Genetic diseases are determined by the combination of genes for a particular trait that are on the chromosomes received from the father and the mother.

X-linked dominant disorders are caused by an abnormal gene on the X chromosome and occur mostly in females. Females with these rare conditions are affected when they have an X chromosome with the gene for a particular disease. Males with an abnormal gene for an X-linked dominant disorder are more severely affected than females and often do not survive. Living males with FDH are "mosaic" for a change in the PORCN gene. This means that the change is seen in some, but not all, of the cells in their body.

Affected Populations

Prevalence estimates are not available for FDH. Approximately 200 to 300 cases have been reported worldwide, and only about 10 percent are live born males.

Standard Therapies


Diagnosis is based on clinical findings and affected babies are usually recognized at birth. DNA testing for the PORCN gene is available to confirm the diagnosis.

Clinical Testing and Workup

The diagnosis of focal dermal hypoplasia should be considered in patients with either of the following: multiple skin manifestations or one typical skin manifestation in addition to characteristic limb malformations. In order to better establish the extent of the disease and the treatment of the patient diagnosed, the following evaluations are often recommended: chest x-ray, eye exams, abdominal MRI, kidney ultrasound, hearing evaluation, and medical genetics consultation.


Treatment for patients with focal dermal hypoplasia is directed at the symptoms. Dermatological creams and protective dressings may relieve skin discomfort and prevent secondary infections. Dentures and hearing aids may be required. Heat and over-exercise should be avoided. Limb deformities may be treated with occupational therapy, assistive devices, or surgery. Surgical or laser therapy may be recommended for patients demonstrating trouble swallowing due to large fat deposits in the throat.

Genetic counseling may be of benefit for patients and their families.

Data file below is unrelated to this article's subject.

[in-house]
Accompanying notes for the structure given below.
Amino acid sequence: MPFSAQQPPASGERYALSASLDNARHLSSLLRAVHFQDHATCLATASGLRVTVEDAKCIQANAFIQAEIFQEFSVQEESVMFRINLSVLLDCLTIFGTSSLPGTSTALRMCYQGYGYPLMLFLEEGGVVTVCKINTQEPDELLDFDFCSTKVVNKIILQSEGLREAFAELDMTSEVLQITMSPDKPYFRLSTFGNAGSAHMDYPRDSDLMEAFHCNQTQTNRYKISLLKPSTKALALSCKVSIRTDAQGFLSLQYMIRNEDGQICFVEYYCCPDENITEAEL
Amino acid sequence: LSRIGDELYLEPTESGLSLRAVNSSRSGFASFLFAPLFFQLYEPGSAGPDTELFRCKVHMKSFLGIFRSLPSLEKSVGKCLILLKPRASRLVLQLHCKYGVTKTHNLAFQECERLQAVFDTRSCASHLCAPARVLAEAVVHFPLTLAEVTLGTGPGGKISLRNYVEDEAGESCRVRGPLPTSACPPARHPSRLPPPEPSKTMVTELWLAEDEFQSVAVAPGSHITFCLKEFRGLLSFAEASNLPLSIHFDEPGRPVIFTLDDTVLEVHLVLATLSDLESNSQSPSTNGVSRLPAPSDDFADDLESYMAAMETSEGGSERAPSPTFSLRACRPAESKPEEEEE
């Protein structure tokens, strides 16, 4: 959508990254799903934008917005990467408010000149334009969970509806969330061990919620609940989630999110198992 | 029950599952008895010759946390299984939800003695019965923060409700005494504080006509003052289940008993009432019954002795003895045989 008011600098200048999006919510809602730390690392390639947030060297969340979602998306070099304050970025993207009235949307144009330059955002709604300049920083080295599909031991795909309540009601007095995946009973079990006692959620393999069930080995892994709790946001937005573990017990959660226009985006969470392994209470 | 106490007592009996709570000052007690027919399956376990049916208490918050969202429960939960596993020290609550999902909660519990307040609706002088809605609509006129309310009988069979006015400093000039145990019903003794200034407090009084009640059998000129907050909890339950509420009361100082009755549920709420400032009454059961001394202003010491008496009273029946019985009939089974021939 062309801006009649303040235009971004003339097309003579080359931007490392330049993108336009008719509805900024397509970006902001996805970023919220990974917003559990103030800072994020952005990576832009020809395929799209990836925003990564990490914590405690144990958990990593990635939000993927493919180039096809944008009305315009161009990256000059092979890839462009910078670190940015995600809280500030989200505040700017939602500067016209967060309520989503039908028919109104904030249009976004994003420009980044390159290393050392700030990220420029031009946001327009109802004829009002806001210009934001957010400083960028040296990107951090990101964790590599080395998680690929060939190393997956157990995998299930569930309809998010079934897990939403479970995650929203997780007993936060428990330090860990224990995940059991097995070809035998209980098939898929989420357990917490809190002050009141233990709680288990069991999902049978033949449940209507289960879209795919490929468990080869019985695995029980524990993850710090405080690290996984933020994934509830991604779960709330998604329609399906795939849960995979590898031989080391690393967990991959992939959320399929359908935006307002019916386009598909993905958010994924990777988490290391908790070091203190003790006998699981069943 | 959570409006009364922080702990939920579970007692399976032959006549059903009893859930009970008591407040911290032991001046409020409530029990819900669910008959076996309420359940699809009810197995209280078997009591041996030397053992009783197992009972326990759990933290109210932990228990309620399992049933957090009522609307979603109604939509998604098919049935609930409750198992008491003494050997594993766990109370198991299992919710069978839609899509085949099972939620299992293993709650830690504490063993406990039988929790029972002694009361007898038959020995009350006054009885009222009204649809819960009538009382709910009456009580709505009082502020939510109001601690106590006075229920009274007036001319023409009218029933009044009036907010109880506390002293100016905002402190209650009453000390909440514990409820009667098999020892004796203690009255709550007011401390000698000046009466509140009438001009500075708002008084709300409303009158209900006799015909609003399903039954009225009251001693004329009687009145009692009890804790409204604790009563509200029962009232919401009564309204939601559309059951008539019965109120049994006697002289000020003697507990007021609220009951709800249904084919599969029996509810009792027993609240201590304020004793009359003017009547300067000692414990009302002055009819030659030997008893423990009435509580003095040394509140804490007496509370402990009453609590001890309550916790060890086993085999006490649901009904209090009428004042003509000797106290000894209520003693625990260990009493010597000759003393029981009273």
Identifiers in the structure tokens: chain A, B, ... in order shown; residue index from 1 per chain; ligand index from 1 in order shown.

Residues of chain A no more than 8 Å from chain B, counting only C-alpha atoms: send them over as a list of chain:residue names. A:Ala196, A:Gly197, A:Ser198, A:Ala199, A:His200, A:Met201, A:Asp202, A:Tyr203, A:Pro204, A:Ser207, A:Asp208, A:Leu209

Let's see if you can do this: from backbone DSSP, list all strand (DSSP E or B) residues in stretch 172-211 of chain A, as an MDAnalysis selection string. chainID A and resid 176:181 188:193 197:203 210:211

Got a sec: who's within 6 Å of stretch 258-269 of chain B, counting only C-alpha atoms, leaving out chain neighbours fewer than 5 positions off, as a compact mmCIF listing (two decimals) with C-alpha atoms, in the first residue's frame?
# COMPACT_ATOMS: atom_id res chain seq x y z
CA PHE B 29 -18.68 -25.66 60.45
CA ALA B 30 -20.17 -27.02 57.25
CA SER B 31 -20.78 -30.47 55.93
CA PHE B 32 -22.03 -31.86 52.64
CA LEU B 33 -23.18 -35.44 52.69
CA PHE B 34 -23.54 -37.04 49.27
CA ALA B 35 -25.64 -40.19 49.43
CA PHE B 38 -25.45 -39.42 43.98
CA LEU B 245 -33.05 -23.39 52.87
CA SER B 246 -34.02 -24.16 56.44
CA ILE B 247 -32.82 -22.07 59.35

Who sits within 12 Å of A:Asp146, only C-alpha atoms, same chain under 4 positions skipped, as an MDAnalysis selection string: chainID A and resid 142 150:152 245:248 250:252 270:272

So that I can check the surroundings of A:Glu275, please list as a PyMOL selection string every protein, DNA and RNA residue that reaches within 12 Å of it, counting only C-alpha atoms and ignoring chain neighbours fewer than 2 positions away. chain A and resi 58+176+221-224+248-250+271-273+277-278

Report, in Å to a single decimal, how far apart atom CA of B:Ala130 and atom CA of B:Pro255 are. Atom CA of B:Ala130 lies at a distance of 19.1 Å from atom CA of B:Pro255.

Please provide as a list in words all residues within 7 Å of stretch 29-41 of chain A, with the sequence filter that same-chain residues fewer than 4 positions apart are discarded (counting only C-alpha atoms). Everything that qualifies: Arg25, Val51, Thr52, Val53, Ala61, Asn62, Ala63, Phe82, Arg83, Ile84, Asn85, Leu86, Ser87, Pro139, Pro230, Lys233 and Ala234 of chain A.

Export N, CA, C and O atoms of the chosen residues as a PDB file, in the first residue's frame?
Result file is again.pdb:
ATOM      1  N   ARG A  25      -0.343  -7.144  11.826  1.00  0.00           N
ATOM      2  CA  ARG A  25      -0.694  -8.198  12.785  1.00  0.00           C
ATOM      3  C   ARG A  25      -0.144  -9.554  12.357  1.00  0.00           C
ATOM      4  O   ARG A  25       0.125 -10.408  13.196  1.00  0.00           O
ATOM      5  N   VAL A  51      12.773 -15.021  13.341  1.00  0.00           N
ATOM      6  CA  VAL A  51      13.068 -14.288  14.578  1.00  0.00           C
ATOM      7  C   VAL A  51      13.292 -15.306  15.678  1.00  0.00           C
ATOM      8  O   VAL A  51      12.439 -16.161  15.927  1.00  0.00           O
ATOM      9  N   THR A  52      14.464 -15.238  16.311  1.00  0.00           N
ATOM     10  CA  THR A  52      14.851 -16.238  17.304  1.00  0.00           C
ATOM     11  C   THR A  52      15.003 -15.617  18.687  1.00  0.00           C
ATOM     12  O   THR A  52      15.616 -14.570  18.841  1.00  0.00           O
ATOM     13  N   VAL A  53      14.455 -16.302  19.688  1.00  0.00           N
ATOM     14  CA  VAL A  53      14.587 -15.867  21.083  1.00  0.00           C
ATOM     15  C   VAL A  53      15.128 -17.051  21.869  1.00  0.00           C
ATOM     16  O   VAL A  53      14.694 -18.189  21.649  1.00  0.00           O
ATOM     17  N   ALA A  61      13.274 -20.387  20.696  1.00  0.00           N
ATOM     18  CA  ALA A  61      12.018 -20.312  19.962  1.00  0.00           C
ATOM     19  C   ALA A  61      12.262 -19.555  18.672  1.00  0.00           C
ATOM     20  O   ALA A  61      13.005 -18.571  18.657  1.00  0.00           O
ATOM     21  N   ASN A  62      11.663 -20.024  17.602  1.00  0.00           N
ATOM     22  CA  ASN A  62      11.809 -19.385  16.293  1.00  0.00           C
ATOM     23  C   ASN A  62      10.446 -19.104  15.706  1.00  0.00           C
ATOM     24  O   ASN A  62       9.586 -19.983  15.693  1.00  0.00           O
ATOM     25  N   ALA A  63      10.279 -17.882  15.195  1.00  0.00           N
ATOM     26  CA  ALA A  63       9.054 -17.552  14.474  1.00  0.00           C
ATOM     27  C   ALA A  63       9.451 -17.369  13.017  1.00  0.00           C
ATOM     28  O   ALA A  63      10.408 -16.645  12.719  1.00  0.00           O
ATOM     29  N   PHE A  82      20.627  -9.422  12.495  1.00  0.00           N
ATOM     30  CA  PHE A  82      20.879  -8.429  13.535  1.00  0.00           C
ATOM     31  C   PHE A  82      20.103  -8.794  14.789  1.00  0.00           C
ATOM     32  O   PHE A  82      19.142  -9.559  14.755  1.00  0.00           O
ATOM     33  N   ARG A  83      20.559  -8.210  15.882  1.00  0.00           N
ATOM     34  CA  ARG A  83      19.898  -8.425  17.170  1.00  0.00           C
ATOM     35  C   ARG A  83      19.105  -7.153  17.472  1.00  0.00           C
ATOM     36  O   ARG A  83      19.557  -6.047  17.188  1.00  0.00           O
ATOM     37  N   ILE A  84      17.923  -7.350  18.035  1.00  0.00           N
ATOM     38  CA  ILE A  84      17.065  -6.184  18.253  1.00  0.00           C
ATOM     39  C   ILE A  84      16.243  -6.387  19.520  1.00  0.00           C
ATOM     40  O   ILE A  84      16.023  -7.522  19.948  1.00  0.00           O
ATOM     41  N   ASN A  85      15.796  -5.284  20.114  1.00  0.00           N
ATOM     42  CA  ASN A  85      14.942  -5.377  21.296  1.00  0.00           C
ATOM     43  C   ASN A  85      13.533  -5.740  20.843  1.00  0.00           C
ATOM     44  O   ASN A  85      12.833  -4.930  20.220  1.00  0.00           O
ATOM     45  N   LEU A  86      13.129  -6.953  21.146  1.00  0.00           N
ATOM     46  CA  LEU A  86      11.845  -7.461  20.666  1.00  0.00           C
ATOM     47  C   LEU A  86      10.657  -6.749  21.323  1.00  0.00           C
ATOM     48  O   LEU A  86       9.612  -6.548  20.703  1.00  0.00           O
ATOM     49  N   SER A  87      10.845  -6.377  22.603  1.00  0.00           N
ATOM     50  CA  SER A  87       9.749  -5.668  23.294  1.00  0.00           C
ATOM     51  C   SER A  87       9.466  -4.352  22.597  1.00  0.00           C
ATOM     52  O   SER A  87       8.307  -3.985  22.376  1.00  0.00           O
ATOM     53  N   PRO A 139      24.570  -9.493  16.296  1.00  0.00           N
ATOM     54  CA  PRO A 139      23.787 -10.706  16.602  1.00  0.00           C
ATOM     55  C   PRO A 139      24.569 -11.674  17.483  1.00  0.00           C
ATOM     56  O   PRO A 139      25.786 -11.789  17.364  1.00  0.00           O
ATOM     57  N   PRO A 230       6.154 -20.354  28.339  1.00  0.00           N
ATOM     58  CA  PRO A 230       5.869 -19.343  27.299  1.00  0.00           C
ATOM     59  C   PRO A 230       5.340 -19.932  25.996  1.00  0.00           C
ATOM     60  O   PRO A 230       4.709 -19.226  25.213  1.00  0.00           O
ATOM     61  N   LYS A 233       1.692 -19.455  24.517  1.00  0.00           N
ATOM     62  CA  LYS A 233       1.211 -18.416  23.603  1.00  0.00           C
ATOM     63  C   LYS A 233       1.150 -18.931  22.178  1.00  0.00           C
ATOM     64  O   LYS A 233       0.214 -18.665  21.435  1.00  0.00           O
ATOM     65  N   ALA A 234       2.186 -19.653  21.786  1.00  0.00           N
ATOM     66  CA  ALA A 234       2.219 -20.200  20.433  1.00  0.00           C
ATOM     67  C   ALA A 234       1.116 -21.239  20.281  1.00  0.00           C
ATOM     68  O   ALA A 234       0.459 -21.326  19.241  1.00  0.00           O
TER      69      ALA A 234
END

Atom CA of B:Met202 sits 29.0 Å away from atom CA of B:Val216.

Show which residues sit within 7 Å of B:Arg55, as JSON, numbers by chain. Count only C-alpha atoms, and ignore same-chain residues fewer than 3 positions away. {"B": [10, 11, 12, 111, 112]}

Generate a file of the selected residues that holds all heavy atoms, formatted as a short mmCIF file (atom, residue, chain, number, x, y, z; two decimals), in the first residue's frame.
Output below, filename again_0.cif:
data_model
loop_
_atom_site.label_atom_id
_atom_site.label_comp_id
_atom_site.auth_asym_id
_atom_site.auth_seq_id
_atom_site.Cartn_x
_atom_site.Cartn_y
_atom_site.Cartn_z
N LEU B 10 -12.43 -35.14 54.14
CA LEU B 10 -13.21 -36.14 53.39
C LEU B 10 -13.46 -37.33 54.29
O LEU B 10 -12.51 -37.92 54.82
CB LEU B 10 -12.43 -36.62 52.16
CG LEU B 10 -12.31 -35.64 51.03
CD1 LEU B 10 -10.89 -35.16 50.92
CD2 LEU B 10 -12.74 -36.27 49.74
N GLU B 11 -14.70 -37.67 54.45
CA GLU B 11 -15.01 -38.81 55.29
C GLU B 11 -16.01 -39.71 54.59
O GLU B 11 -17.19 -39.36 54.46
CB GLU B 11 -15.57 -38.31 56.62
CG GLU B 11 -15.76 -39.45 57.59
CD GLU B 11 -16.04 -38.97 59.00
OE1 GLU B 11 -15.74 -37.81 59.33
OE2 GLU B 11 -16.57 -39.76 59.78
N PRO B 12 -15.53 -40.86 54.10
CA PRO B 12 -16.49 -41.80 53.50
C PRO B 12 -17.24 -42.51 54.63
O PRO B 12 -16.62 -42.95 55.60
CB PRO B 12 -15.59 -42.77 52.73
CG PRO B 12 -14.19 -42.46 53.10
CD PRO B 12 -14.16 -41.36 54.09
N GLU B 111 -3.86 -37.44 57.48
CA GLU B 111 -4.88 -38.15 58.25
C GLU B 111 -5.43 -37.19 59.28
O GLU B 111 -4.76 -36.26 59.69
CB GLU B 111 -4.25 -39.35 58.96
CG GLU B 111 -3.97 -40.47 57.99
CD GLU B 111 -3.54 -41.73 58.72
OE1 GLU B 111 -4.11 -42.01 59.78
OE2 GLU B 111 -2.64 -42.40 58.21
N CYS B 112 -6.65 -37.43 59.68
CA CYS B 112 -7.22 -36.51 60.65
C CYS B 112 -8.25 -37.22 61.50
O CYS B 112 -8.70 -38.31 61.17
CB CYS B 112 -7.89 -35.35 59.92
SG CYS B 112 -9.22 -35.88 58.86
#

Investigational Therapies

Information on current clinical trials is posted on the Internet at All studies receiving U.S. government funding, and some supported by private industry, are posted on this government web site.

For information about clinical trials being conducted at the NIH Clinical Center in Bethesda, MD, contact the NIH Patient Recruitment Office:

Tollfree: (800) 411-1222

TTY: (866) 411-1010


For information about clinical trials sponsored by private sources, contact:

For information about clinical trials conducted in Europe, contact:



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Lombardi MP, Bulk S, Celli J, et al. Mutation update for the PORCN gene. Hum. Mutat. 2011;32:723–728. doi: 10.1002/humu.21505

Rosen SA, Bocklage T, Clericuzio CL. Mucocutaneous squamous papilloma with reactive lymphoid hyperplasia in two patients with focal dermal hypoplasia. Pediatr Dev Pathol. 2005;8:250-52.

Sacoor MF, Motswaledi MH. Three cases of focal dermal hypoplasia (Goltz syndrome). Clin Exp Dermatol. 2005;30:35-37.

Loguercio Leite JC, Faermann R, Rodrigues Stein N, et al. Focal dermal hyperplasia associated with split sternum - Goltz syndrome. Clin Dysmorphol. 2005;14:37-39.

Ogunbiyi AO, Adewole IO, Ogunleye O, et al. Focal dermal hyperplasia: a case report and review of the literature. West Afr J Med. 2003;22:346-49.

Van den Veyver IB. Microphthalmia with linear skin defects (MLS), Aicardi, and Goltz syndromes: are they X-linked dominant male-lethal disorders. Cytogenet Genome Res. 2002;99:289-96.

Fryssira H, Papathanassiou M, Barbounaki J, et al. A male with polysyndactyly, linear skin defects and sclerocornea. Goltz syndrome versus MIDAS. Clin Dysmorphol. 2002;11:277-81.

Hancock S, Pryde P, Fong C, et al. Probable identity of Goltz syndrome and Van Allen-Myhre syndrome: evidence from phenotypic evolution. Am J Med Genet. 2002;110:370-79.


Sutton VR. Updated: 04/11/2013. Focal Dermal Hypoplasia. In: GeneReviews at GeneTests: Medical Genetics Information Resource (database online). Copyright, University of Washington, Seattle. 1993-2013. Available at Accessed November 12, 2013.

McKusick VA, ed. Online Mendelian Inheritance in Man (OMIM). The Johns Hopkins University. Focal Dermal Hypoplasia. Entry Number; 305600: Last Update: 03/21/2013.Available at: Accessed November 12, 2013.

Goltz RW. Focal Dermal Hypoplasia Syndrome. Medscape Reference. Last Update: June 18, 2012. Available at: Accessed November 12, 2013.


National Foundation for Ectodermal Dysplasias

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Anophthalmia/Microphthalmia Registry

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Genetic and Rare Diseases (GARD) Information Center

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Ectodermal Dysplasia Society

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England, GL53 7ER

United Kingdom

Tel: 4401242261332

Tel: 4407805775703